(3) Question the test in 1962 showing time running slower at the bottom of a tower near Earth than the top of the tower where time is running faster.

Accordingly, I would like to answer your questions as mentioned below.

A1. Photon is gauge boson, carrier of electromagnetic force. Therefore, the entire spectrum of electromagnetic waves carried by photons.

Light is a small part within the spectrum of electromagnetic waves, the spectrum includes radio waves, microwaves, infrared, visible light, ultraviolet, X-rays, and gamma rays.

The energy of a photon can be calculated from Max Planck's equation E = hf, where, E denotes energy of a photon in Jules, f denotes frequency of the wave in Hz, and Planck's constant h = 6.625×10^–34 Js. The equation is applicable for the electromagnetic spectrum.

Here is the relationship between frequency of photon and it's energy.

A2. When a photon leaves a gravitational well after its emission, it spends energy to escape the gravitational well, as a result it's energy reduces, and as per the Planck's equation above, photon frequency too reduces due to the reduction of it's energy. The photon will have most of it's energy immediately after it's emission for it's source and so it's frequency too would be most then.

The wavelength of a wave is inversely proportional to the waves frequency, so that when a photon reduces it's energy, it's frequency too reduces but it's wavelength increases, resulting the red shift of the photon in electromagnetic spectrum, due to such enlargement in the photon wavelength. This is known as gravitational red shift.

Light consist of photons, so when photon energy reduces, it's frequency also reduces, as explained above.

A3. The test in 1962, that you have questioned, showing time running slower or faster depending upon the relative gravitational potential differences.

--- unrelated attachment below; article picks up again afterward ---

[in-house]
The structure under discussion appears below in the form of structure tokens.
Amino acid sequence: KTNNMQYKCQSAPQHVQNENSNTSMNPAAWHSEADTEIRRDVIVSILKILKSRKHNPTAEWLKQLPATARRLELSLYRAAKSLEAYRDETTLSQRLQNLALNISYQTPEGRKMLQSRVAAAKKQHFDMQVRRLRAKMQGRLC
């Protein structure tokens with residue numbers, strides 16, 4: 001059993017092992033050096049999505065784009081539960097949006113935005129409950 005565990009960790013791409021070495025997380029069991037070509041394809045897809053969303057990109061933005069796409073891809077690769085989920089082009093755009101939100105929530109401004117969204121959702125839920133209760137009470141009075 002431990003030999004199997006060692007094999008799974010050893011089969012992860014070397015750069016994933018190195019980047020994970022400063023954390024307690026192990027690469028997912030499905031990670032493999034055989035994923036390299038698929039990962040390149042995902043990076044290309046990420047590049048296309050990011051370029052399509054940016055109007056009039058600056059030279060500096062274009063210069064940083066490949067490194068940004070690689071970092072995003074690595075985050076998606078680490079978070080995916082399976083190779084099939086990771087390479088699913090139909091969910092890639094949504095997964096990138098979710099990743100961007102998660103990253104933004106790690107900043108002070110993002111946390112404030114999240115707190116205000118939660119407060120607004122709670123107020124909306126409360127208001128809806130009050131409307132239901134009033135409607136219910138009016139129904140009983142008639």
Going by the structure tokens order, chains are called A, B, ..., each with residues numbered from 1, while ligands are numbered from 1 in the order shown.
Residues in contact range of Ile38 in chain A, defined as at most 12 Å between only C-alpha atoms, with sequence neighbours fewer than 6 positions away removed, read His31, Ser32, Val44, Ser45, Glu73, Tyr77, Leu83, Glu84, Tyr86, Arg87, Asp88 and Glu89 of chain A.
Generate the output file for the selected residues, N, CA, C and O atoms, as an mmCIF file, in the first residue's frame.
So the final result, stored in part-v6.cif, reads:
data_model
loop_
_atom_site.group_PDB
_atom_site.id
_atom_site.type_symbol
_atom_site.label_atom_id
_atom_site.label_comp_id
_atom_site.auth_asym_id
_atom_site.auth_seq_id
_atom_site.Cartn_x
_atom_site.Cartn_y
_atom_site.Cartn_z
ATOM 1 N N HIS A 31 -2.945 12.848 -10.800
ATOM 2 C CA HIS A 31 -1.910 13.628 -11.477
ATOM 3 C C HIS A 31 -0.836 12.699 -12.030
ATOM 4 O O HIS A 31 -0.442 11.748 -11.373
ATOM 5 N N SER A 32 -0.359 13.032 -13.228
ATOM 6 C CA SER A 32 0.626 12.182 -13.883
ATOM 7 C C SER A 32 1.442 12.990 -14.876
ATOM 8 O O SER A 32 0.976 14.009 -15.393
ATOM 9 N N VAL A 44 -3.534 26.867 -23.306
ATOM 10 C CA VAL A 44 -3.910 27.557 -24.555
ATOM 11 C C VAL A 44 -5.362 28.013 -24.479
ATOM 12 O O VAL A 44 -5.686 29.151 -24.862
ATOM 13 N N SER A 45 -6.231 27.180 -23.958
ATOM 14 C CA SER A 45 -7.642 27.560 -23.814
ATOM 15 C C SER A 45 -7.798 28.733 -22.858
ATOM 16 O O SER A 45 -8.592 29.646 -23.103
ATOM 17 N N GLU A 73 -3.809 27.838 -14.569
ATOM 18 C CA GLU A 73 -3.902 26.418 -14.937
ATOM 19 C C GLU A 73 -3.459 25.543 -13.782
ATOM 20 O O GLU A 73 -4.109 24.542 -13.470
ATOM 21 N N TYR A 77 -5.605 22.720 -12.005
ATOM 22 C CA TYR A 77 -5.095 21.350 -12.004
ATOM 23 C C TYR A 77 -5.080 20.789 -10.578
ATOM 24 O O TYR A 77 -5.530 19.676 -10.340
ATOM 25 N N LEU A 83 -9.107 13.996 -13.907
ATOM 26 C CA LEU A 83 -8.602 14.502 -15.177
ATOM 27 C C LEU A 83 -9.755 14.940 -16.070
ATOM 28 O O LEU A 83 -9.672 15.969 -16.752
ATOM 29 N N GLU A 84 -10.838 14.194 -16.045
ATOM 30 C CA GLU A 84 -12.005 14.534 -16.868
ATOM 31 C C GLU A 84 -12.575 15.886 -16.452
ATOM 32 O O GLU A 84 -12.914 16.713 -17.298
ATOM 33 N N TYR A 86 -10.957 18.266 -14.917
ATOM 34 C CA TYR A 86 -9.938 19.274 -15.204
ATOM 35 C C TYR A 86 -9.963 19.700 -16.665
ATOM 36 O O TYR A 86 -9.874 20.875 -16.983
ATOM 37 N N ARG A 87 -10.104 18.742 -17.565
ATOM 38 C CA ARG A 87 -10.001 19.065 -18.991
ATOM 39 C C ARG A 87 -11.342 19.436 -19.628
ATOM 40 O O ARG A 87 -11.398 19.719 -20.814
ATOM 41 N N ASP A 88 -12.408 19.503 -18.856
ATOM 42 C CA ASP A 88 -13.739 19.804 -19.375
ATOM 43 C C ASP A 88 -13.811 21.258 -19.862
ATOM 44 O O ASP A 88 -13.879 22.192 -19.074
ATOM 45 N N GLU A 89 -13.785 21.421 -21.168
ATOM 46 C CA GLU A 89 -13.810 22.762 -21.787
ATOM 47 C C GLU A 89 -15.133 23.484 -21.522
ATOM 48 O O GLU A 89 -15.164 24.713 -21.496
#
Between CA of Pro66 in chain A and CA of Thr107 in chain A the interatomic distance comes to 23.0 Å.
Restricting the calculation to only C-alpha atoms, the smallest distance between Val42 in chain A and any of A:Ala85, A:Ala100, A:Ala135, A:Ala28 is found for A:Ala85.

In fact, it is an erroneous proposition in relativity. Because of the relative slower or faster running of the clocks are not due to time dilation, rather for the error in the reading of relative clock times due to relative phase shifts in frequency of the wave of the clock oscillations under relative gravitational influences, and corresponding relative reduction or enlargement in the wavelengths of the wave of said clock oscillations, in a relationship between wavelength and time period of the waves of the clock oscillations. Distortions of wavelengths exactly correspond to time distortions λ∝T.

Experiments made in electronic laboratories on piezoelectric crystal oscillators show that the wave corresponds to time shift due to relativistic effects.

Whereas, the time interval T(deg) for 1° of phase is inversely proportional to the frequency (f). We get a wave corresponding to the time shift.

For example, 1° phase shift on a 5 MHz wave corresponds to a time shift of 555 picoseconds (ps).

We know, 1° phase shift = T/360. As T=1/f, 1° phase shift = T/360 = (1/f)/360. For a wave of frequency f = 5 MHz, we get the phase shift (in degree°) = (1/5000000)/360 = (5.55x10^10) = 555 ps.

Therefore, for 1° phase shift for a wave having wavelength λ = 59.95m, and frequency f = 5 MHz, the time shift (time delay) Δt = 555 ps (approx).

Time shift of the caesium-133 atomic clock in the GPS satellite in space:

For 1455.50003025° phase shift (or, 4.043055639583333 cycles) of a 9192631770 Hz wave; time shifts (time delays) Δt = 0.0000004398148148148148 ms (approx) or, 38 microseconds time is taken per day.

Therefore, the wavelength dilation of the clock oscillation due to relativistic effects, or gravitational potential difference on the clock mechanism results in corresponding error in the reading of time in the clock, wrongfully presented as time dilation. Time dilation is rather wavelength dilation.